My personal opinion is that driver skill will make up for as much as 20 horsepower. Being able to carry speed through one corner and onto the next will make up that much of a difference on a point-and-squirt driver. It gets proven time and time again here in the SWDiv, and it's evident in the more competitive SE races.

I would guess in the NE you could do well with a crate motor. As I recall you guys have to run with the stock manifolds, so finding the one with the most flow and a good exhaust will do you a lot of good. You might poll some of those guys and see what the top-5 or top-10 are running. I would guess there would be a lot of homebuilds and factory engines, but that's just a WAG.
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Old 07-10-05, 04:14 PM
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Crate Engines

SPEED COST! HOW FAST DO YOU WANT TO GO? ( I think Henry Ford said that in 1903)
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Old 07-10-05, 09:50 PM
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In a class like IT where there is only so much you can do within the rules, knowing every little trick is how the 'name brand' builders get a few more HP. You can build your own engine and get pretty close to there HP with a rotory. After building 20 or 30 of these engines they find out what parts matter and which ones might work a little better. If you are spending a lot of money chances are the guy who built it spent time with a flow bench testing a bunch of stock manifolds to find the one that flows a bit more. Or he's found that with a little misalignment within the rules he can get the stock parts to flow/work better.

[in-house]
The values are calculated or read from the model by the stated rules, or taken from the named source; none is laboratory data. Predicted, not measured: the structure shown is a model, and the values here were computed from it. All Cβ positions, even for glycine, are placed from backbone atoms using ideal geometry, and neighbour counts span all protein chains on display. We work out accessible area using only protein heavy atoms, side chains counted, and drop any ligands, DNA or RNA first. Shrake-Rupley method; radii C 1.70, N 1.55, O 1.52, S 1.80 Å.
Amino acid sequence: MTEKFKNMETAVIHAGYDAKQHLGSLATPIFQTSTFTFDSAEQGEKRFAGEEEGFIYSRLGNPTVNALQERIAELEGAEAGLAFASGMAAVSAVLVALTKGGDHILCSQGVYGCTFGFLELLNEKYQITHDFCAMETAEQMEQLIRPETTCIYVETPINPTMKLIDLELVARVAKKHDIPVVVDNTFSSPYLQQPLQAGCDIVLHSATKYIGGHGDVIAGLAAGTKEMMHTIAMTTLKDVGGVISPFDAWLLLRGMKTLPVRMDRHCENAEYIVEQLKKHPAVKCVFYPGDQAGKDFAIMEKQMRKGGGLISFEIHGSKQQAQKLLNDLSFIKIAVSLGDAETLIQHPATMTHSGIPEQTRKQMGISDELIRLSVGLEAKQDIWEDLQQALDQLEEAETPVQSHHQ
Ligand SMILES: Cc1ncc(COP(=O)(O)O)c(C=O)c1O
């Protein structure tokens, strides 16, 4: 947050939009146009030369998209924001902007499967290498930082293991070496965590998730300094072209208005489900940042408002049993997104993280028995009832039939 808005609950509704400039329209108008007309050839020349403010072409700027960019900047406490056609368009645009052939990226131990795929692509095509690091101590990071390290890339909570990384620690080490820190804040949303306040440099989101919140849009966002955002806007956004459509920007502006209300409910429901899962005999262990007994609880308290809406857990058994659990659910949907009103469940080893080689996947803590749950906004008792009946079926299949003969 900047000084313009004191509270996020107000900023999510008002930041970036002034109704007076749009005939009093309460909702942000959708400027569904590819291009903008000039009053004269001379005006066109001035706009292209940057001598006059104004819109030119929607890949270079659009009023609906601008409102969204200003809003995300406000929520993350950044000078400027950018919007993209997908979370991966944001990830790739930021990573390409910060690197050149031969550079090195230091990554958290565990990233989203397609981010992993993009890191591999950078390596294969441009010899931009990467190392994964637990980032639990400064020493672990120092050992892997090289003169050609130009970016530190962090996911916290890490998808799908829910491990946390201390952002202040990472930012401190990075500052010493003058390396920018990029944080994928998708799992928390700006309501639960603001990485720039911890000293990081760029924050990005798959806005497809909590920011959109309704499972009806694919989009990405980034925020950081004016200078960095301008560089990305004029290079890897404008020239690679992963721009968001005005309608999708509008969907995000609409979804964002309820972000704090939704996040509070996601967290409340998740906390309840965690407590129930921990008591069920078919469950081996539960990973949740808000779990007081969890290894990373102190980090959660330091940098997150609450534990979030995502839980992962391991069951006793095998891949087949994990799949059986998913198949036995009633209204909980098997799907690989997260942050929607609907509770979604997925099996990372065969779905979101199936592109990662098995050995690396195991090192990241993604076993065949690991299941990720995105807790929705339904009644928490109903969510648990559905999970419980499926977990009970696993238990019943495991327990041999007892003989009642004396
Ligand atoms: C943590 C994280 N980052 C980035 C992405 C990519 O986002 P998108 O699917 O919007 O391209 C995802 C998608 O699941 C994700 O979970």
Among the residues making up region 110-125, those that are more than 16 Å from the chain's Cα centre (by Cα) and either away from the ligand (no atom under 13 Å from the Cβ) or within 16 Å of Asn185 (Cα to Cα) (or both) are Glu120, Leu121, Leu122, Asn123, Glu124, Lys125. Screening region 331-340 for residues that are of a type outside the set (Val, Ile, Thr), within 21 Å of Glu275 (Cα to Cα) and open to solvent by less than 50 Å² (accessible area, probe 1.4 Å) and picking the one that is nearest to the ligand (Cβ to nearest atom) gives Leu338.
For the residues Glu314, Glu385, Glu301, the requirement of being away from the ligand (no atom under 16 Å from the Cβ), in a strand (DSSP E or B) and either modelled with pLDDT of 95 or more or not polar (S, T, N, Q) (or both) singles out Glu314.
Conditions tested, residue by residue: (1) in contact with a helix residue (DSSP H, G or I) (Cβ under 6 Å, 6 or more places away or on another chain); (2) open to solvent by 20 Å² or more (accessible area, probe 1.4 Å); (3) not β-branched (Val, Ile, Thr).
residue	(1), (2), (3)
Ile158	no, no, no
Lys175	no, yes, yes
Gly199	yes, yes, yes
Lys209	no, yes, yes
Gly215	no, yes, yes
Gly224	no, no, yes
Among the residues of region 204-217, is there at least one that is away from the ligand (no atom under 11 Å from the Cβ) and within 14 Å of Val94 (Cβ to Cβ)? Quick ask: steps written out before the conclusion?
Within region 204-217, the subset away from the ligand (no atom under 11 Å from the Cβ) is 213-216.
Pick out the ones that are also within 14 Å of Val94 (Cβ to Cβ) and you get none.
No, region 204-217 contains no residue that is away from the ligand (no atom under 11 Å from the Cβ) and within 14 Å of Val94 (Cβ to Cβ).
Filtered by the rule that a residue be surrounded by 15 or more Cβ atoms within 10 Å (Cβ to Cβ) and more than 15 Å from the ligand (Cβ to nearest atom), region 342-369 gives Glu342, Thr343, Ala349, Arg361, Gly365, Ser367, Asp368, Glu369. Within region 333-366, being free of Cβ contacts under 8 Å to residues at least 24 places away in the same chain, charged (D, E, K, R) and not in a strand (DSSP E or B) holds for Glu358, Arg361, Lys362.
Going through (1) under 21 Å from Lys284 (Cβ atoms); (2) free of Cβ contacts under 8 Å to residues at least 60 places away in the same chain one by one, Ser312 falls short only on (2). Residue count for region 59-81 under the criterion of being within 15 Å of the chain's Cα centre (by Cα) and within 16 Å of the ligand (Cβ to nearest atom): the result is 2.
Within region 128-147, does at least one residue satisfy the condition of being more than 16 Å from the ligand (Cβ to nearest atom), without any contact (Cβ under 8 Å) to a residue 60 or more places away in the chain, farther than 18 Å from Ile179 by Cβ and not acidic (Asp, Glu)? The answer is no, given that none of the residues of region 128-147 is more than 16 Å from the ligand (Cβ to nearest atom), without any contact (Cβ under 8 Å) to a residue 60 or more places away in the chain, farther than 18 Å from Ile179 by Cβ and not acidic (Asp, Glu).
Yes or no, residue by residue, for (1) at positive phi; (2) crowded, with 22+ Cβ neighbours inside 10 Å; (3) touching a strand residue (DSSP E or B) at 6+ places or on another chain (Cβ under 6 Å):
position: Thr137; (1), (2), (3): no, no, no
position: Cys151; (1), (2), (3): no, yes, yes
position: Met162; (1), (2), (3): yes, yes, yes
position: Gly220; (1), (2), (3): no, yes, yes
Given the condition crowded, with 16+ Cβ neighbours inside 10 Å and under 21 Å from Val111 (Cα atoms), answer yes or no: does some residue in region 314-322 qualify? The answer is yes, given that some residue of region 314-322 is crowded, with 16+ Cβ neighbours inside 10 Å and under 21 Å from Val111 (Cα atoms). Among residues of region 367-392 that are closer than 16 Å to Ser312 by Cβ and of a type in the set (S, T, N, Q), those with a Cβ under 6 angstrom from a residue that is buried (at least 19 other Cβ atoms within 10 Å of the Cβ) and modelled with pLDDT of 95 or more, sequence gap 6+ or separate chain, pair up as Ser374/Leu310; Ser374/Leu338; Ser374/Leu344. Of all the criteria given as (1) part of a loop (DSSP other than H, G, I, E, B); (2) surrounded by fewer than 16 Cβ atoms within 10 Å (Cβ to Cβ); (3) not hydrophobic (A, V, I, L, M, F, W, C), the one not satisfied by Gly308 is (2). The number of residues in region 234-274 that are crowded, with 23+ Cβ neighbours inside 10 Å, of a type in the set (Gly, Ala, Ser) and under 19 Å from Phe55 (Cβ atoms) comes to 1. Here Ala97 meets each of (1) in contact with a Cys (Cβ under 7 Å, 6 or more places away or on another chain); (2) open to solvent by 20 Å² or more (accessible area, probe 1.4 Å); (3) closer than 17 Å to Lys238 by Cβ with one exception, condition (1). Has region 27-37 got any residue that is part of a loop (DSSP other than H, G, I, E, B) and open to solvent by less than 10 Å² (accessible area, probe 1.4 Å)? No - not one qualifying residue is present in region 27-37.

So you can put your own together for a $1000 and get 125 hp or pay $3500 and get 135hp. Most of the time its the little things you can do tuning that get you the cheapest HP.
Its also more fun to drive by a $3500 engine guy with your own, better tuned, $1000 engine. Make the most of what you can afford by handling the details better.
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Old 07-10-05, 10:31 PM
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My advice... take that chunk of change that you want to spend on a fresh new "competitive" motor, and spend 1/4 of it on a low mileage motor and the rest of it on seat time and tires. Once you've got some seat time and you're lap times have leveled out, then start looking at how to spend money to go faster.

One of the local IT7 guys holds the class track record at Gateway Int. High 1:13s or low 1:14's. Motor is so stock it's not even funny. Original motor, never been out of the car. Orig. tranny. Brake ducts? Nope. Air Dam? Nope. Panasports? Nope... stock + wheels w/hoosiers. Wicked suspension? Nope. Illuminas/camber plates/Eibachs... just like everyone else. Ok... he does have a Yaw carb...

Before you laugh at the high 13's/low 14's, he's been known to battle ITB driver Chris Albin for the overall and those times are SOLIDLY at the front of the ITA pack.
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Old 07-14-05, 10:50 AM
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Originally Posted by alberto_mg
Hi. I'm doing research on racing costs and was wondering what the costs were for a competitive motor. The IT7, Spec7 and SCCA's IT classes seem interesting, but I'm wondering just how expensive it gets to compete. I got scared when I saw an ad for a BMW e30 ITS motor for $6k (think it was the 6 cylinder 325 not M3).

Thanks.
A buddy of mine races in ITS, engine miust be stock, stock manifolds, header with your choice of dual (individual) or single exhaust. Suspension was a free for all in terms of brand. He was among the rotary leaders lap time wise, however the BMW were too fast for the FC. His engine was a crate engine from Malloy Mazda

He was selling his car a couple of months ago, I can hook you up, if you are interested.